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Publication numberUS4719766 A
Publication typeGrant
Application numberUS 06/771,359
Publication dateJan 19, 1988
Filing dateAug 30, 1985
Priority dateAug 30, 1985
Fee statusPaid
Also published asCA1243499A, CA1243499A1
Publication number06771359, 771359, US 4719766 A, US 4719766A, US-A-4719766, US4719766 A, US4719766A
InventorsWilliam F. Morris, Jr.
Original AssigneeMorris Jr William F
Export CitationBiBTeX, EndNote, RefMan
External Links: USPTO, USPTO Assignment, Espacenet
Defrost gas conditioner for air cooled reverse cycle defrost refrigeration system
US 4719766 A
Abstract
A reverse cycle defrost refrigeration system including a compressor, an air cooled condenser, an evaporator having surfaces for forming ice thereon during a freezing cycle and arranged to discharge the ice therefrom during a defrost cycle, and a defrost cycle arrangement to supply hot gaseous refrigerant to the evaporator during the defrost cycle including a defrost conduit connected to the condenser for releasing flash gas to the evaporator at the time the defrost cycle begins. A liquid separator surge tank is provided to condition warm defrost gaseous refrigerant which passes back through the defrost conduit to the evaporator at the beginning of the defrost cycle from carrying slugs of liquid refrigerant that may be in the condenser into the evaporator, having an inlet conduit connected to the top of the tank and an outlet conduit exiting from the tank neat the bottom thereof to separate and accumulate any slugs of liquid refrigerant or oil that may be entrained with the flash gas.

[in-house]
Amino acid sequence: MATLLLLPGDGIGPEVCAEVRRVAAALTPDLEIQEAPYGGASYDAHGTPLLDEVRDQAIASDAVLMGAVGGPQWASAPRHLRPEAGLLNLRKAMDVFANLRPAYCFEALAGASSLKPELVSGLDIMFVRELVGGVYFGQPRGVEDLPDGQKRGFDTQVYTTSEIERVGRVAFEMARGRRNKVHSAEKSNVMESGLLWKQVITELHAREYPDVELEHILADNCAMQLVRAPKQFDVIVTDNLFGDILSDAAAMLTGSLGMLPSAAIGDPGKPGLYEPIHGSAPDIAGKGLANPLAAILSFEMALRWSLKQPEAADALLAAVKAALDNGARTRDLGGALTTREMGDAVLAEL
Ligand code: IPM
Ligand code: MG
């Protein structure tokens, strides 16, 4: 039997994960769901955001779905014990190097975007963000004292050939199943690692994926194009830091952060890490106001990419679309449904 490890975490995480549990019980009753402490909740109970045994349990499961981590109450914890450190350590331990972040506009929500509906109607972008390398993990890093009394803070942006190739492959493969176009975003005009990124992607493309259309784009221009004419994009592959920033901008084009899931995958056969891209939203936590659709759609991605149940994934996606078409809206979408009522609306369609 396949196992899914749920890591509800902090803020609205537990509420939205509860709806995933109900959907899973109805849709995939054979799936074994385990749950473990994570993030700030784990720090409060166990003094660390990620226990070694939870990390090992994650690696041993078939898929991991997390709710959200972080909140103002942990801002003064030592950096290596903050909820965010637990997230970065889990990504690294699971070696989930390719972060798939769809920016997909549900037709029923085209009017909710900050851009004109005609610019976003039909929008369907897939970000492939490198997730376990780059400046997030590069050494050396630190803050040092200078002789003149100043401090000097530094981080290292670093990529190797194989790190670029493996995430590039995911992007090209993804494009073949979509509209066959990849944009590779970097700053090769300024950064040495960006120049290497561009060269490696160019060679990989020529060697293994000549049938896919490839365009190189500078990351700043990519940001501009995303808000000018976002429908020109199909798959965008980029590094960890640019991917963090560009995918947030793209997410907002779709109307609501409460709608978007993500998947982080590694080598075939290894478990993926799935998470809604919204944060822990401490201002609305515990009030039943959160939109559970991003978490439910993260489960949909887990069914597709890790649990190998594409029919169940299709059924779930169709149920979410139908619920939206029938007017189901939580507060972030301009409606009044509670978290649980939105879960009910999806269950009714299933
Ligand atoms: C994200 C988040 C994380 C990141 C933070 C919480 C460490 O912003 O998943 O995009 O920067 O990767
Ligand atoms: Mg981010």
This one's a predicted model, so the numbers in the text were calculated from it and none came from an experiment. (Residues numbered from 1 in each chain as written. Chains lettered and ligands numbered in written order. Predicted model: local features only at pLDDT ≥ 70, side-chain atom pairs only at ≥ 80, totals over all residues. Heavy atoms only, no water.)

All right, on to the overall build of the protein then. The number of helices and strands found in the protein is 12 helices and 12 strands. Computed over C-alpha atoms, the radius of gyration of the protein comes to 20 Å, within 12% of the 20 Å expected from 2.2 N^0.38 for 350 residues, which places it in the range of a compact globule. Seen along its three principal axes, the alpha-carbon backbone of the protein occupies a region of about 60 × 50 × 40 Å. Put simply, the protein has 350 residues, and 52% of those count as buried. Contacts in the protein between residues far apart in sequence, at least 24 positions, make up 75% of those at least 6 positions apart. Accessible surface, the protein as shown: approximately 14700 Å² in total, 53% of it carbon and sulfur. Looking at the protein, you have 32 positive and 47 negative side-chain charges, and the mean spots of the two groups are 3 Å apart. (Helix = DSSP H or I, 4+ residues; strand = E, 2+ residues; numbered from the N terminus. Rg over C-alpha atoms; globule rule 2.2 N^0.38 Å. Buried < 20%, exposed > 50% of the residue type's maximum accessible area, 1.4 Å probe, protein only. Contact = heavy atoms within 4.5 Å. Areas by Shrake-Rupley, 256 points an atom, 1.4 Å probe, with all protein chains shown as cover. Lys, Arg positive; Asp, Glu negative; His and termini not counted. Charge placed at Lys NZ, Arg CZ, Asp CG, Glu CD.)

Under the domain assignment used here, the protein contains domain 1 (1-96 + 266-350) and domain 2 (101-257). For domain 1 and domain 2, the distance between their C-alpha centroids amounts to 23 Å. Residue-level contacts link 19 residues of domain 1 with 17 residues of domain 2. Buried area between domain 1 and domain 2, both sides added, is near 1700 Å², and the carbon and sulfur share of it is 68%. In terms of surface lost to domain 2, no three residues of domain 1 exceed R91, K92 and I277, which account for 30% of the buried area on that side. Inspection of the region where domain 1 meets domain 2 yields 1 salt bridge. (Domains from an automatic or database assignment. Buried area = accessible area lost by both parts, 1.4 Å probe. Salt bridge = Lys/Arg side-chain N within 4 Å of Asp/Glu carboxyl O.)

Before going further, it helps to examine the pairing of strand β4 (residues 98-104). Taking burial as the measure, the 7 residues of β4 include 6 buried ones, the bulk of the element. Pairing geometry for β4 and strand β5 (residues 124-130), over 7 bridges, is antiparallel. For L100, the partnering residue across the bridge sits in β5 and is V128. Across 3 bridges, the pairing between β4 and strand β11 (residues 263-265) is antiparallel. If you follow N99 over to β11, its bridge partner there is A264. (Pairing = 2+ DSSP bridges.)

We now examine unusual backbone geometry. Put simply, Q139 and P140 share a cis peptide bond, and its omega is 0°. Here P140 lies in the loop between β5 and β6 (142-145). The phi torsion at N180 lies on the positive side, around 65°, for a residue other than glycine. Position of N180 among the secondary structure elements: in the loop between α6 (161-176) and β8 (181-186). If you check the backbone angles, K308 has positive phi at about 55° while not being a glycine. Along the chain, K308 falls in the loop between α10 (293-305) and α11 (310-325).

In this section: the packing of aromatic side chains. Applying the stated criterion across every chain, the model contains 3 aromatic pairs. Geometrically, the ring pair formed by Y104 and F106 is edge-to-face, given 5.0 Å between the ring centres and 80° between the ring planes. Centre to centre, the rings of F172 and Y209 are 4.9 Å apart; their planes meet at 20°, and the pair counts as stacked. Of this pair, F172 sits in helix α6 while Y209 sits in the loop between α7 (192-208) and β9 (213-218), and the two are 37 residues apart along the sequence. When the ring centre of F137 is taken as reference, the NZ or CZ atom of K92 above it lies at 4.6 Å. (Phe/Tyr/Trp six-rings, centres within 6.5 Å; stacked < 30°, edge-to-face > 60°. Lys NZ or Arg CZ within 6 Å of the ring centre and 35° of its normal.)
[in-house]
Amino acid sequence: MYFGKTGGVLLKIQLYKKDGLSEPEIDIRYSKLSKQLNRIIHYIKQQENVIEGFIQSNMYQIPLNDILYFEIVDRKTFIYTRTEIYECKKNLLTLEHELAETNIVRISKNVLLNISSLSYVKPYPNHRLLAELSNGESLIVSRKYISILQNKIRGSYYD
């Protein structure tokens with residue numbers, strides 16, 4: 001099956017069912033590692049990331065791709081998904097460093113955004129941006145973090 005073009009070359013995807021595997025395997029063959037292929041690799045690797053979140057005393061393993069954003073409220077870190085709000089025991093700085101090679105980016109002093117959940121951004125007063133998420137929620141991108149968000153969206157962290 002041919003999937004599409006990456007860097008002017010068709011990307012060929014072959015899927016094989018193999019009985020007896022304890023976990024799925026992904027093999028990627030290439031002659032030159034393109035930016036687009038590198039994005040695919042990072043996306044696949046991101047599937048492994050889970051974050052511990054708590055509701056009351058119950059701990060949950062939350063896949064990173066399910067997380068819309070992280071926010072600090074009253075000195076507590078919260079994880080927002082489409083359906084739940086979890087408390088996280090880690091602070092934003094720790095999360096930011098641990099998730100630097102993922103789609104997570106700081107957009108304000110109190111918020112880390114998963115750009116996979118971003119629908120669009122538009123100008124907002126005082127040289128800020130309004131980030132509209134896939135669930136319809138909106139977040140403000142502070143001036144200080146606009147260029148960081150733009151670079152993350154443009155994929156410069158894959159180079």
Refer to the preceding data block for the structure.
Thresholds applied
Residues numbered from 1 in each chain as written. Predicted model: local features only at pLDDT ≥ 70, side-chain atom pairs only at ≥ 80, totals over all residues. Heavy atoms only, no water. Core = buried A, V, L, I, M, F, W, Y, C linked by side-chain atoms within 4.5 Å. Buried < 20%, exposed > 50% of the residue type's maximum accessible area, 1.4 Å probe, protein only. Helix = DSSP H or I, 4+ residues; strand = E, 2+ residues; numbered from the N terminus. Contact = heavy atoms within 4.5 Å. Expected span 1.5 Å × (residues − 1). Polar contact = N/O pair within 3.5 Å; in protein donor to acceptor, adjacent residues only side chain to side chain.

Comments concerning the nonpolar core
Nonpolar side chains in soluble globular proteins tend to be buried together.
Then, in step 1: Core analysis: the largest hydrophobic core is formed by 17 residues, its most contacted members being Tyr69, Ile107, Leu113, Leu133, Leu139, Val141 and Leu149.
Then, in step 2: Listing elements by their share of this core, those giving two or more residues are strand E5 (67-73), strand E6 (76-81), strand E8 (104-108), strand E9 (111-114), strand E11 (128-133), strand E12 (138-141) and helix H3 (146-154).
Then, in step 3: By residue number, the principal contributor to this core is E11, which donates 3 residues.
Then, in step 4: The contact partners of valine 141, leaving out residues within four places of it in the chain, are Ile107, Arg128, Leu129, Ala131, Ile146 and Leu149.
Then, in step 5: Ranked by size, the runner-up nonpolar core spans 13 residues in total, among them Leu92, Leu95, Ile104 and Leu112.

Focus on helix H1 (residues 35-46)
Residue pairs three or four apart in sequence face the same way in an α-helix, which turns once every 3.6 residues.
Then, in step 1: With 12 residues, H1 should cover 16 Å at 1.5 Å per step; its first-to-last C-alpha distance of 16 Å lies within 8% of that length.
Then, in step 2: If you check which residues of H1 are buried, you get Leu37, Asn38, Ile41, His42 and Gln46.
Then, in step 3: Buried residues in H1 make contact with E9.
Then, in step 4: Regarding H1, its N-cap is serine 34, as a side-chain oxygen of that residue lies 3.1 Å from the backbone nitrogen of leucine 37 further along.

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Claims(1)
I claim:
1. In a reverse cycle defrost refrigeration system having a compressor, an air cooled condenser and avaporator means having surfaces for forming ice thereon during a freezing cycle and arranged to discharge the ice therefrom during a defrost cycle, conduit means for conducting gaseous refrigerant from the compressor to the condenser to be condensed to liquid refrigerant in the condenser and conduit means for conducting the liquid refrigerant to the evaporator means during the freezing cycle, defrost cycle means including a defrost conduit means having defroat solenoid valve connected to the condenser hot gas supply form the compressor and a discharge conduit connected thereto and to the evaporator means to supply hot gaseous refrigerant to the evaporator means during the defrost cycle, the defrost conduit means being connected to the condenser for releasing flash gas from the condenser to the evaporator at the time the defrost solenoid valve opens; the improvemnet comprising means for conditioning warm defrost gaseous refrigerant which passes back through the discharge conduit to the defrost solenoid valve and the evaporator means at the beginning of the defrost cycle from carrying slugs of liquid refrigerant that may be in the condenser into the discharge conduit and evaporator means and compressor including a liquid separator surge tank and an inlet conduit connected to the top of the surge tank above the level of the discharge conduit connection to the condenser connected to said discharge conduit and a surge tank outlet conduit exiting tangentially from said surge tank near the bottom thereof and connected to said discharge conduit connection to said condenser to pass hot gas refrigerant from the compressor to the evaporator means and convey flash gas from the condenser through said discharge conduit to the evaporator means and to separate and accumulate in said surge tank any slugs of liquid refrigerant or oil that may be entrained with the flash gas.